Which brings us to "Donald" and "Hillary" in Chinese.
The name, "Donald," has a standard translation in Chinese -- 唐纳德 (pronounced "Tang Na De") that is largely derived from the phonetics of the English name. Say it fast, and it will start to approximate the sound of of the name "Donald." On the surface, the meaning of each of the characters in this Chinese name is also not only not controversial, but can be interpreted as quite positive. The first character 唐 (pronounced "Tang") is #26 on a list of China's 100 most ubiquitous surnames. It is also the name of the China's most revered dynasty -- the Tang Dynasty (AD 618-907) - a key period when China was at the zenith of it's power and cultural influence in Asia. The subsequent two characters of the name can similarly reflect good meanings. The second character 纳 ("Na") has a variety of definitions including "receive," "admit," or "accept." The third character 德 ("De") most often references "virtue," "moral character," or "kindness."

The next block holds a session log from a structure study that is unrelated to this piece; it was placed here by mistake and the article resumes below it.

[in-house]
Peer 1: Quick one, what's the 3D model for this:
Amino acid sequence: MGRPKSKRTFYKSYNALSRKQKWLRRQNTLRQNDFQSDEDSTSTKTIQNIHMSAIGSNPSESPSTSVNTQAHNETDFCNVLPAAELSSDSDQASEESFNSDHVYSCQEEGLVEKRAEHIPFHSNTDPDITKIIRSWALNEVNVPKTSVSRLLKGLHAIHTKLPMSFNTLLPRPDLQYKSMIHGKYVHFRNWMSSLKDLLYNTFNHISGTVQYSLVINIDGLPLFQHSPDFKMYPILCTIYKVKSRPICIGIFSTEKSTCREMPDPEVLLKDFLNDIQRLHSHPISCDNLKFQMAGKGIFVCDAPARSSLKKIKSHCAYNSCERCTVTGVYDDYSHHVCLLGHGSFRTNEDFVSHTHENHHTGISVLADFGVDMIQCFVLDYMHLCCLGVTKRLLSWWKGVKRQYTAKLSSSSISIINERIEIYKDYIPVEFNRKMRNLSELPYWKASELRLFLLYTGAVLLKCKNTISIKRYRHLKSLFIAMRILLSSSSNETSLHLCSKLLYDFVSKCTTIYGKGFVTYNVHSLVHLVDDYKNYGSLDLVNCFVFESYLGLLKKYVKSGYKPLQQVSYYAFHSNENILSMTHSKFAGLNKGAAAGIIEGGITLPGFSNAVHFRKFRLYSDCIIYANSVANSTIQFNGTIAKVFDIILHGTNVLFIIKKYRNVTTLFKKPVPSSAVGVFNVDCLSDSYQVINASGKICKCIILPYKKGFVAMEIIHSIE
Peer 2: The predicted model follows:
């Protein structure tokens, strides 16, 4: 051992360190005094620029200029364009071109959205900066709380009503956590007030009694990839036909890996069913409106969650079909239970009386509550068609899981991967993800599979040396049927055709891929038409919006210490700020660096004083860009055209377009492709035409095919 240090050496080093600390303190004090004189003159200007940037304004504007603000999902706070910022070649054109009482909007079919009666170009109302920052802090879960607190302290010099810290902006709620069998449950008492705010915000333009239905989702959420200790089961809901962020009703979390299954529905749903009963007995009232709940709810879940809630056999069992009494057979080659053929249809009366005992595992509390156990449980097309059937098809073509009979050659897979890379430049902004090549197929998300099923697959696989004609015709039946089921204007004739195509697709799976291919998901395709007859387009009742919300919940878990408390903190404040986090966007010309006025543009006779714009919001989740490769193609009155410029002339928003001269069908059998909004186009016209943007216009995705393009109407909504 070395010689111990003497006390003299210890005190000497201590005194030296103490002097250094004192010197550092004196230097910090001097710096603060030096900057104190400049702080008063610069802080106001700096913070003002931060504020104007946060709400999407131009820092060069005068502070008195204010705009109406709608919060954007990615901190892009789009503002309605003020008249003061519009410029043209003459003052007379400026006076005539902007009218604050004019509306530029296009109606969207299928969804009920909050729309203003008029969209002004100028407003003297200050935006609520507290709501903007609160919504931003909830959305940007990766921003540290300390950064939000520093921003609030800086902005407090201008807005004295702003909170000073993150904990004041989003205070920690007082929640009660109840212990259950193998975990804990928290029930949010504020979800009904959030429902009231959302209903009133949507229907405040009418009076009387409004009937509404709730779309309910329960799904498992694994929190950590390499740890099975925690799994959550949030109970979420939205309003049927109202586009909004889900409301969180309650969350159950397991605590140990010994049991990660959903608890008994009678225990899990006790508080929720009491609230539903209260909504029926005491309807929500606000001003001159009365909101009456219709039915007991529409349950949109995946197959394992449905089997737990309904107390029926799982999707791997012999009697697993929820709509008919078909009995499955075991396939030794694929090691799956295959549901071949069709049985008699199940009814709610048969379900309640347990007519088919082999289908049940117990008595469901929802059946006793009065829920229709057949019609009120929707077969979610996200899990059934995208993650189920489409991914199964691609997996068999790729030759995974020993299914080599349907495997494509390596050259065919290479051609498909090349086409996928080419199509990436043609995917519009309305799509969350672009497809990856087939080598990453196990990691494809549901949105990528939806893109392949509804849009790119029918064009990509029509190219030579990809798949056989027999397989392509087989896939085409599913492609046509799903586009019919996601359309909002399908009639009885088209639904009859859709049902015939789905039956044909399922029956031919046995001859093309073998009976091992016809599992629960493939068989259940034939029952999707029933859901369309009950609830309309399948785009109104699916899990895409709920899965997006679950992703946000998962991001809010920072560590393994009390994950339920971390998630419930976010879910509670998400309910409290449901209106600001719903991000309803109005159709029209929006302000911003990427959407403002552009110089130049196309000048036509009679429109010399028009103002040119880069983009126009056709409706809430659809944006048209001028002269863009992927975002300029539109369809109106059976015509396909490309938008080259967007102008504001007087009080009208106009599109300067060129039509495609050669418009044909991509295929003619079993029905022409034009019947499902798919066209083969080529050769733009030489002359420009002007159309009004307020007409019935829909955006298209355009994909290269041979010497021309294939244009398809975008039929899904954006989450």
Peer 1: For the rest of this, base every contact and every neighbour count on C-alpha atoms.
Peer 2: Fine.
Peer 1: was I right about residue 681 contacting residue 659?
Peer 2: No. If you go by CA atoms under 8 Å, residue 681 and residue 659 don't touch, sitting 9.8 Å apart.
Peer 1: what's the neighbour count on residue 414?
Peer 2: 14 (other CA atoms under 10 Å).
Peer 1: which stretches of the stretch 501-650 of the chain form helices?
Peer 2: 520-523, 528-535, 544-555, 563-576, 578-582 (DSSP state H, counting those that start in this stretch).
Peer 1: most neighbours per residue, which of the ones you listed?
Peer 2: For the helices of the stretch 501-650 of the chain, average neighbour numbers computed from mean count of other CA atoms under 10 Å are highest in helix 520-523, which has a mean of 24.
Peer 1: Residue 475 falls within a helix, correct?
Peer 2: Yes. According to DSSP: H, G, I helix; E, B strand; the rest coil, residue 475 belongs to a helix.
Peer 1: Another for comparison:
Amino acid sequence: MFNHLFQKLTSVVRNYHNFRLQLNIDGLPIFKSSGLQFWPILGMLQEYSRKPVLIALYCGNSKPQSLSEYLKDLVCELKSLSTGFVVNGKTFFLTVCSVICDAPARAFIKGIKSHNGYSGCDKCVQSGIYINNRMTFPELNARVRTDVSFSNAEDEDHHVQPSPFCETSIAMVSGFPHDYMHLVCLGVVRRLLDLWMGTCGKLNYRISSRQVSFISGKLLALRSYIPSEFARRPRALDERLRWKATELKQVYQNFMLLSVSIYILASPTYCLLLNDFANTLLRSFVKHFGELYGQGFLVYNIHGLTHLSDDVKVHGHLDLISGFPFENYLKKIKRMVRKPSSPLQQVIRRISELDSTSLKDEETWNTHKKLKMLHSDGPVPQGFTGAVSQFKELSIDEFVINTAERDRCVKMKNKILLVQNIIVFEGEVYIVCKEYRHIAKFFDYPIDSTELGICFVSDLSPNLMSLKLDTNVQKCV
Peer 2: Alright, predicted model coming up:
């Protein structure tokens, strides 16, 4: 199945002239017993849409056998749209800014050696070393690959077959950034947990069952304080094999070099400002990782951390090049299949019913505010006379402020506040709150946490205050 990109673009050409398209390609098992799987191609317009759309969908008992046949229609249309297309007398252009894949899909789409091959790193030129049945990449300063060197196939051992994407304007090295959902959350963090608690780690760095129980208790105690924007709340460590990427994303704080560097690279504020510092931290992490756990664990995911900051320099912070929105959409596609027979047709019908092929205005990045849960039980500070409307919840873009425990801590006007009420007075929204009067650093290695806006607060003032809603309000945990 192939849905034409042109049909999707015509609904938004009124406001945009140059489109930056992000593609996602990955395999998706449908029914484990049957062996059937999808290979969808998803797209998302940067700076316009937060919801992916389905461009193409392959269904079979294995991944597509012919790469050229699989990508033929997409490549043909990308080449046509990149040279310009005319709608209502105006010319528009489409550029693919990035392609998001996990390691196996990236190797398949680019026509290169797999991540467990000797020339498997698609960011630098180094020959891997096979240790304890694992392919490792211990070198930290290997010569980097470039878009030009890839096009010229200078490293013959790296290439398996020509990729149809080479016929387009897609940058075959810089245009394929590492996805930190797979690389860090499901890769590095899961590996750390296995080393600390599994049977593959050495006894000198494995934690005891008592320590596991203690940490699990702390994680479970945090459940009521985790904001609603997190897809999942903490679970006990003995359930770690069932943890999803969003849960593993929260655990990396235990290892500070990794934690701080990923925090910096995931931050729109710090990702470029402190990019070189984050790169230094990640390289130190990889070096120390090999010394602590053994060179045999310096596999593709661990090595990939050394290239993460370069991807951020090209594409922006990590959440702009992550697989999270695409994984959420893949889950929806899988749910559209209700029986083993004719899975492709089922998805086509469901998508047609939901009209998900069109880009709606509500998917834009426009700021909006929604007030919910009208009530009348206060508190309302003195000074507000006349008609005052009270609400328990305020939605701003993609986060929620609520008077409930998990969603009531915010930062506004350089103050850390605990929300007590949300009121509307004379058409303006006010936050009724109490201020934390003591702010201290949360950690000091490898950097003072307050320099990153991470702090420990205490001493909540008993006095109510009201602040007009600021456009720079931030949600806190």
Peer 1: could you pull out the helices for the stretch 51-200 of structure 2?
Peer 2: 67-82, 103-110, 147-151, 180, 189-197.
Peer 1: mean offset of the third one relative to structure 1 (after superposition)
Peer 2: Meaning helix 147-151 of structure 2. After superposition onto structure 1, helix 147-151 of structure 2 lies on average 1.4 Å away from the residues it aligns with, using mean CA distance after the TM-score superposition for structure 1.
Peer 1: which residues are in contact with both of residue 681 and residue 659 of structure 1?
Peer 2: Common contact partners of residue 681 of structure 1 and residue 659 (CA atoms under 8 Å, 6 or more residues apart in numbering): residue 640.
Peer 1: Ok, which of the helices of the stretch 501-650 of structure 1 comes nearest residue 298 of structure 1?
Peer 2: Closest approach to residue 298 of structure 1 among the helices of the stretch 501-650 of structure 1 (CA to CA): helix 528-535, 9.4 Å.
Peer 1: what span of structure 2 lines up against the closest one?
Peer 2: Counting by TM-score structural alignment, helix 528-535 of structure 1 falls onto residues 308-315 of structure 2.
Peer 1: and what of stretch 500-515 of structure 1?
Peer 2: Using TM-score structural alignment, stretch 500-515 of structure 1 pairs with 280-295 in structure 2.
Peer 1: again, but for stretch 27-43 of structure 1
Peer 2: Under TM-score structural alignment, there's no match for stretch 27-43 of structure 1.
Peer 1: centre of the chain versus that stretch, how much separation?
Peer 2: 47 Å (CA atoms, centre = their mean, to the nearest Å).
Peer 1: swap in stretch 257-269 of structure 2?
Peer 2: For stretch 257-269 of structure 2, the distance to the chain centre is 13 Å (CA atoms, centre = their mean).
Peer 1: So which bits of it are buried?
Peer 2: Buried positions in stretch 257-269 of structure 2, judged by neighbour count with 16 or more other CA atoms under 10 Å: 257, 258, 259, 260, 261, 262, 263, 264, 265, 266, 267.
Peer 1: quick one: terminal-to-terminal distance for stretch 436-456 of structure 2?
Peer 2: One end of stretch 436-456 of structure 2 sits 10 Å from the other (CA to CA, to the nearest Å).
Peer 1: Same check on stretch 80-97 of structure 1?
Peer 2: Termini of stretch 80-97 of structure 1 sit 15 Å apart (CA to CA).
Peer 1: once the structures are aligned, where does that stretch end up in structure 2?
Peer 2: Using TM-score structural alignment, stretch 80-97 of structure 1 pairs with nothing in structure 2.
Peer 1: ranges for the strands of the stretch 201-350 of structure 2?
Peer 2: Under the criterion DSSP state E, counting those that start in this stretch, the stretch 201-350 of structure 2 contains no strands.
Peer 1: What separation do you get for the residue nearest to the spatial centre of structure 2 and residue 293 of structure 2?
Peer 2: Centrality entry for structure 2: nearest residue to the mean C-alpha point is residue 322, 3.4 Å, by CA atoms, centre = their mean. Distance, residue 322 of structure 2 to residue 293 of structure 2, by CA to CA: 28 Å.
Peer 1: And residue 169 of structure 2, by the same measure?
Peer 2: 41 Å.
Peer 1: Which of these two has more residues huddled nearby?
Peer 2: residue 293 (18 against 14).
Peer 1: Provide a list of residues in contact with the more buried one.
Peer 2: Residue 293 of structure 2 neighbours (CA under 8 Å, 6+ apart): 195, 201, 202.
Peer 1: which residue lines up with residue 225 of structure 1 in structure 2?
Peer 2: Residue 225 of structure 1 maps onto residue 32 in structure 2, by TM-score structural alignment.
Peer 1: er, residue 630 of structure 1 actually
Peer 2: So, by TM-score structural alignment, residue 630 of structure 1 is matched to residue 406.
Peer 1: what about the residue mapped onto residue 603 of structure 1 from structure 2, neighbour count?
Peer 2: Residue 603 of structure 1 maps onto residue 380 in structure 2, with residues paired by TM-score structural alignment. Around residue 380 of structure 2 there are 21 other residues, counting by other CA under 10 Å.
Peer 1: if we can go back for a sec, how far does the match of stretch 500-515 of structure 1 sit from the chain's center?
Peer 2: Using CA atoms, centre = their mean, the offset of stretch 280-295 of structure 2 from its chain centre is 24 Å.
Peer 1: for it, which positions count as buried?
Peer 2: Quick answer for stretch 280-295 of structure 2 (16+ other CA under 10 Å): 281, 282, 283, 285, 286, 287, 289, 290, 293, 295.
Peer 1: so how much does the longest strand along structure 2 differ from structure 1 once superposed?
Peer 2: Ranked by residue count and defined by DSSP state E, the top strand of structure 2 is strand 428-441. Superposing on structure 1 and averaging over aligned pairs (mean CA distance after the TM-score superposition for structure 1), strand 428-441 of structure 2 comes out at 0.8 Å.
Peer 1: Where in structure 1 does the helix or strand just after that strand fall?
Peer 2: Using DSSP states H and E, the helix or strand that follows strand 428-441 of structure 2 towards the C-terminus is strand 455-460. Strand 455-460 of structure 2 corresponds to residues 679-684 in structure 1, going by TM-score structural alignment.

Nevertheless, given the heightened global attention to, and media controversies surrounding "The Donald," one can't help but acknowledge the other ironic meanings that these very same characters can convey in Chinese.